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davea at ieee.org
Sun Jan 10 01:17:08 CET 2010
Steven D'Aprano wrote:
> On Sat, 09 Jan 2010 05:56:36 -0500, Dave Angel wrote:
>>> "InnerInterpreterError" is the most inappropriate exception name I've
>>> ever seen. It has nothing to do with the interpreter, it's a stack
>> It has everything to do with the (Forth) interpreter. Exceptions can
>> readily be named according to their application -- it's not always about
>> Python. Anyway, Forth has an inner-interpreter and an
>> outer-interpreter, and the name will make sense to a Forth programmer.
> Pardon me, but I *am* a Forth programmer. Or was, it's been many years,
> and I'm rusty. I guess this is a difference of terminology: what you're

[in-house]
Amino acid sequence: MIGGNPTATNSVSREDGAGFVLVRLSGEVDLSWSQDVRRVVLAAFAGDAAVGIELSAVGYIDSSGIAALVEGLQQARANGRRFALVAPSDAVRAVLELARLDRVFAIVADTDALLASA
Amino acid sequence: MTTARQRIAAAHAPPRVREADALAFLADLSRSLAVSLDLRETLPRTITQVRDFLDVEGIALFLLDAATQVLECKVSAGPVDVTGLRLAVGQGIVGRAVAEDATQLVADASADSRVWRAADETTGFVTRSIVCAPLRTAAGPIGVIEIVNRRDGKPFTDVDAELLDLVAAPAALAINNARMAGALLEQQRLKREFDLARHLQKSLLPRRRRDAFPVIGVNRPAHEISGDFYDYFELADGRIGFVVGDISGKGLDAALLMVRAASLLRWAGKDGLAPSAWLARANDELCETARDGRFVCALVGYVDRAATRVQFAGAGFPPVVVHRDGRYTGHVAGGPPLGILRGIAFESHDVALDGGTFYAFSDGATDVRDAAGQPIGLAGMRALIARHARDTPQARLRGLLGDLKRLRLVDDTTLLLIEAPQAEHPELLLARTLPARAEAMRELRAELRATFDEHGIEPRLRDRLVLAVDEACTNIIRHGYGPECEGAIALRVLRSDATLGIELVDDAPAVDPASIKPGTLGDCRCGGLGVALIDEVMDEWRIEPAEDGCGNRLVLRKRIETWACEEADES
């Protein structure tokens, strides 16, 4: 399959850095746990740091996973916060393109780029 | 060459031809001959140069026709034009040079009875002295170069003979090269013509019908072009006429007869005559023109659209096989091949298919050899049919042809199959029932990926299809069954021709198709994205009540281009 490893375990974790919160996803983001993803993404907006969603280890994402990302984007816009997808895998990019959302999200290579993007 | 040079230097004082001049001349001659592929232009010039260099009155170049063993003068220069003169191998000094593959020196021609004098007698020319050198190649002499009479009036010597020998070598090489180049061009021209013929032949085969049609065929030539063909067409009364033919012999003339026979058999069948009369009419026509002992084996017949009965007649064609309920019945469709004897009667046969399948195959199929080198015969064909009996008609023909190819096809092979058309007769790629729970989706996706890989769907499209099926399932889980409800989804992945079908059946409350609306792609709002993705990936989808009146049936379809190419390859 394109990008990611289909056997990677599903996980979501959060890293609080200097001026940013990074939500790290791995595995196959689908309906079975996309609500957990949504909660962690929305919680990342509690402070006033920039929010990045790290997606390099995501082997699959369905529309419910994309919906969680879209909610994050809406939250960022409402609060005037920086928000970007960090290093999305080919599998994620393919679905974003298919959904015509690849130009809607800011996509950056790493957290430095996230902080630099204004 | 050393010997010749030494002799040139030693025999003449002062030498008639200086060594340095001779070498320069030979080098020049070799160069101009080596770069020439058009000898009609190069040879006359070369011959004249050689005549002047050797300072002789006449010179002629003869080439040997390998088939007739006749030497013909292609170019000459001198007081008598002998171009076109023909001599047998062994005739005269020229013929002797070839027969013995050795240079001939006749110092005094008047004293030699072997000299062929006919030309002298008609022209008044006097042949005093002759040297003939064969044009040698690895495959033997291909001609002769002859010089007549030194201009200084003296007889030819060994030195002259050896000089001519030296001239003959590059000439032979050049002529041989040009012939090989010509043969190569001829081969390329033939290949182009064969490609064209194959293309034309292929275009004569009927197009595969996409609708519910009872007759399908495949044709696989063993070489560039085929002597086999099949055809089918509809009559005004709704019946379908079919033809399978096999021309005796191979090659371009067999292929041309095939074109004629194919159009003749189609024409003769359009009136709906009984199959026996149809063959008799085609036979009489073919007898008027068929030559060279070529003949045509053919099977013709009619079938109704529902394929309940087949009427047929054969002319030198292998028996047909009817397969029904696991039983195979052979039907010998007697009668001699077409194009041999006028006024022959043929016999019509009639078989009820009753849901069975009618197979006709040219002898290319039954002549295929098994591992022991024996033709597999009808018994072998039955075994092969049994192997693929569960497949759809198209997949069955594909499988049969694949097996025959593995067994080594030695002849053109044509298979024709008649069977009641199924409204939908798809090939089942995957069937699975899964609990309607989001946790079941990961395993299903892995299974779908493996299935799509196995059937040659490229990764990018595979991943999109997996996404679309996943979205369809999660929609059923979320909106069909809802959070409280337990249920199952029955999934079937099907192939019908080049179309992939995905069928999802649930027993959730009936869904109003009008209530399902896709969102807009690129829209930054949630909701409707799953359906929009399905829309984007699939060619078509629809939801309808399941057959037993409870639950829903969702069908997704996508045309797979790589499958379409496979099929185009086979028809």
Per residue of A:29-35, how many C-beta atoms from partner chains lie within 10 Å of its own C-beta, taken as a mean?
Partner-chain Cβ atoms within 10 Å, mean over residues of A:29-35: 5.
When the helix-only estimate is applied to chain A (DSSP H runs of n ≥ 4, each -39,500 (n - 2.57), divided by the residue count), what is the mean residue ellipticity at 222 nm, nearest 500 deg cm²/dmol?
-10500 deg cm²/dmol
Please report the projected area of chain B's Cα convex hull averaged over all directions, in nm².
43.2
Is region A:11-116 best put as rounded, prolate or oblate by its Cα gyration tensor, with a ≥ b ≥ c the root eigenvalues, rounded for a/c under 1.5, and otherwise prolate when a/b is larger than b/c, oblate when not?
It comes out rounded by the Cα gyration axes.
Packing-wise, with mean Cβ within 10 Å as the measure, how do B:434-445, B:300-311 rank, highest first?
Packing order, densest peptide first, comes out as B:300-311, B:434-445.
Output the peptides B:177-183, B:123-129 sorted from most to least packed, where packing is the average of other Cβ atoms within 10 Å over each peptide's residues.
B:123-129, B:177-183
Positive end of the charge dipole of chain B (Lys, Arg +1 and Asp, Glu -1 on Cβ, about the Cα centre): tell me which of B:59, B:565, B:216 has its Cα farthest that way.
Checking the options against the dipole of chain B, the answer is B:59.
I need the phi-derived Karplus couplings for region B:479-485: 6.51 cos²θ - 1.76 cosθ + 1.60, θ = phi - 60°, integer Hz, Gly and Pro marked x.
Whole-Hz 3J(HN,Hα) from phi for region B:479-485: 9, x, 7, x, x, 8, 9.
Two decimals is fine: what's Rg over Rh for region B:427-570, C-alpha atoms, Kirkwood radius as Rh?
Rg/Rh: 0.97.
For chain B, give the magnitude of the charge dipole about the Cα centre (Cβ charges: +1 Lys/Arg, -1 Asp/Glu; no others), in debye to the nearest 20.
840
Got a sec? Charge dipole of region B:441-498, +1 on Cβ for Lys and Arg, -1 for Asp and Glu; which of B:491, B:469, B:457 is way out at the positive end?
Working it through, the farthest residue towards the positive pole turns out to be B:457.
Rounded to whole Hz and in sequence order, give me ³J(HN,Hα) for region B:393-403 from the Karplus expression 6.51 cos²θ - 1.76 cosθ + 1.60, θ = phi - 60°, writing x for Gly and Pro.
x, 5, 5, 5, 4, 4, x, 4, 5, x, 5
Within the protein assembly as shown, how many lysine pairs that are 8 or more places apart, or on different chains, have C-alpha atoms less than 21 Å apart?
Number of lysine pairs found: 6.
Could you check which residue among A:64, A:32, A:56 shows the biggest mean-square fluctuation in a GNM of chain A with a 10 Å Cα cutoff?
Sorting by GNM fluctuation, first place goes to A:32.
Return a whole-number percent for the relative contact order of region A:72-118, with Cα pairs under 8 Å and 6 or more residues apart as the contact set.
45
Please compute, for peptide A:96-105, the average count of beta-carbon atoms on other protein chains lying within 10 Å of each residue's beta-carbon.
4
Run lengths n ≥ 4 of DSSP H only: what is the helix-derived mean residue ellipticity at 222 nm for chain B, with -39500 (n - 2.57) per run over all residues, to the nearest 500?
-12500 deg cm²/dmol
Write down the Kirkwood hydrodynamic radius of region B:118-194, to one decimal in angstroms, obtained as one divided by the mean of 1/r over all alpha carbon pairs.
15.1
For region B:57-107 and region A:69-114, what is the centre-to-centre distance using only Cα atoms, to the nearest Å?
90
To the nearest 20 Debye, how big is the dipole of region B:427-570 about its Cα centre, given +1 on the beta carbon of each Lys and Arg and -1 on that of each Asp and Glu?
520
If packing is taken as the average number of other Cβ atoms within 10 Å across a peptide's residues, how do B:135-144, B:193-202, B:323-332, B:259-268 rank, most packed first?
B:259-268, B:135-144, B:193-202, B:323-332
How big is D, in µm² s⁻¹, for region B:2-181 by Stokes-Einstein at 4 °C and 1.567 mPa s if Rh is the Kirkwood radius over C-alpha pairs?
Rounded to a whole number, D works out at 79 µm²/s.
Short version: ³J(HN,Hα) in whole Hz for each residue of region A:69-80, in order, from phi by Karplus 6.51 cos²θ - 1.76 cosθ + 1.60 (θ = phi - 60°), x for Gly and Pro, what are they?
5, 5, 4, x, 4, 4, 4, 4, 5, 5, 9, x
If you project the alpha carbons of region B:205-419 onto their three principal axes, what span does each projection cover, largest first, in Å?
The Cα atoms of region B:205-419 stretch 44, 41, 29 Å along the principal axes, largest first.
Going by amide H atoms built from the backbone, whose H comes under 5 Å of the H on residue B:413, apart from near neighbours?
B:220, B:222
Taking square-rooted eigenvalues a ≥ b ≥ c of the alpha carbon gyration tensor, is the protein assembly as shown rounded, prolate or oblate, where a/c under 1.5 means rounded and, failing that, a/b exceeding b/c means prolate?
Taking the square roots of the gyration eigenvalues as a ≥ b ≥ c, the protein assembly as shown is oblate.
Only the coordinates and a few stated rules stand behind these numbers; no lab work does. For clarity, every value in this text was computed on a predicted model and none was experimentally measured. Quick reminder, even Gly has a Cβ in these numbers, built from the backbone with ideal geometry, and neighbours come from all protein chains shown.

> calling an inner interpreter and an outer interpreter I know of as the
> Forth engine and the (text) interpreter. Gforth refers to them as such,
> so did Leo Brodie's Forth books, and the (ancient) Macintosh Forth
> compiler "Mach 2".
I'm pretty sure FIG-Forth called them an inner interpreter and outer
interpreter, but I don't remember other sources. FIG-Forth was my first
Forth system, gotten on an 8" diskette. The inner interpreter was
LOADSW, JMP AX, I believe, as it was an indirected threaded interpreter
>> or even better, without the extra local var:
>> def pop (self):
>> if len(self.__heap) == 0:
>> raise InnerInterpreterError, "stack underflow"
>> return self.__heap.pop(1)
> pop(1)? I don't think so.
That was a typo; I meant pop(). And of course others have improved on
my remarks anyway.
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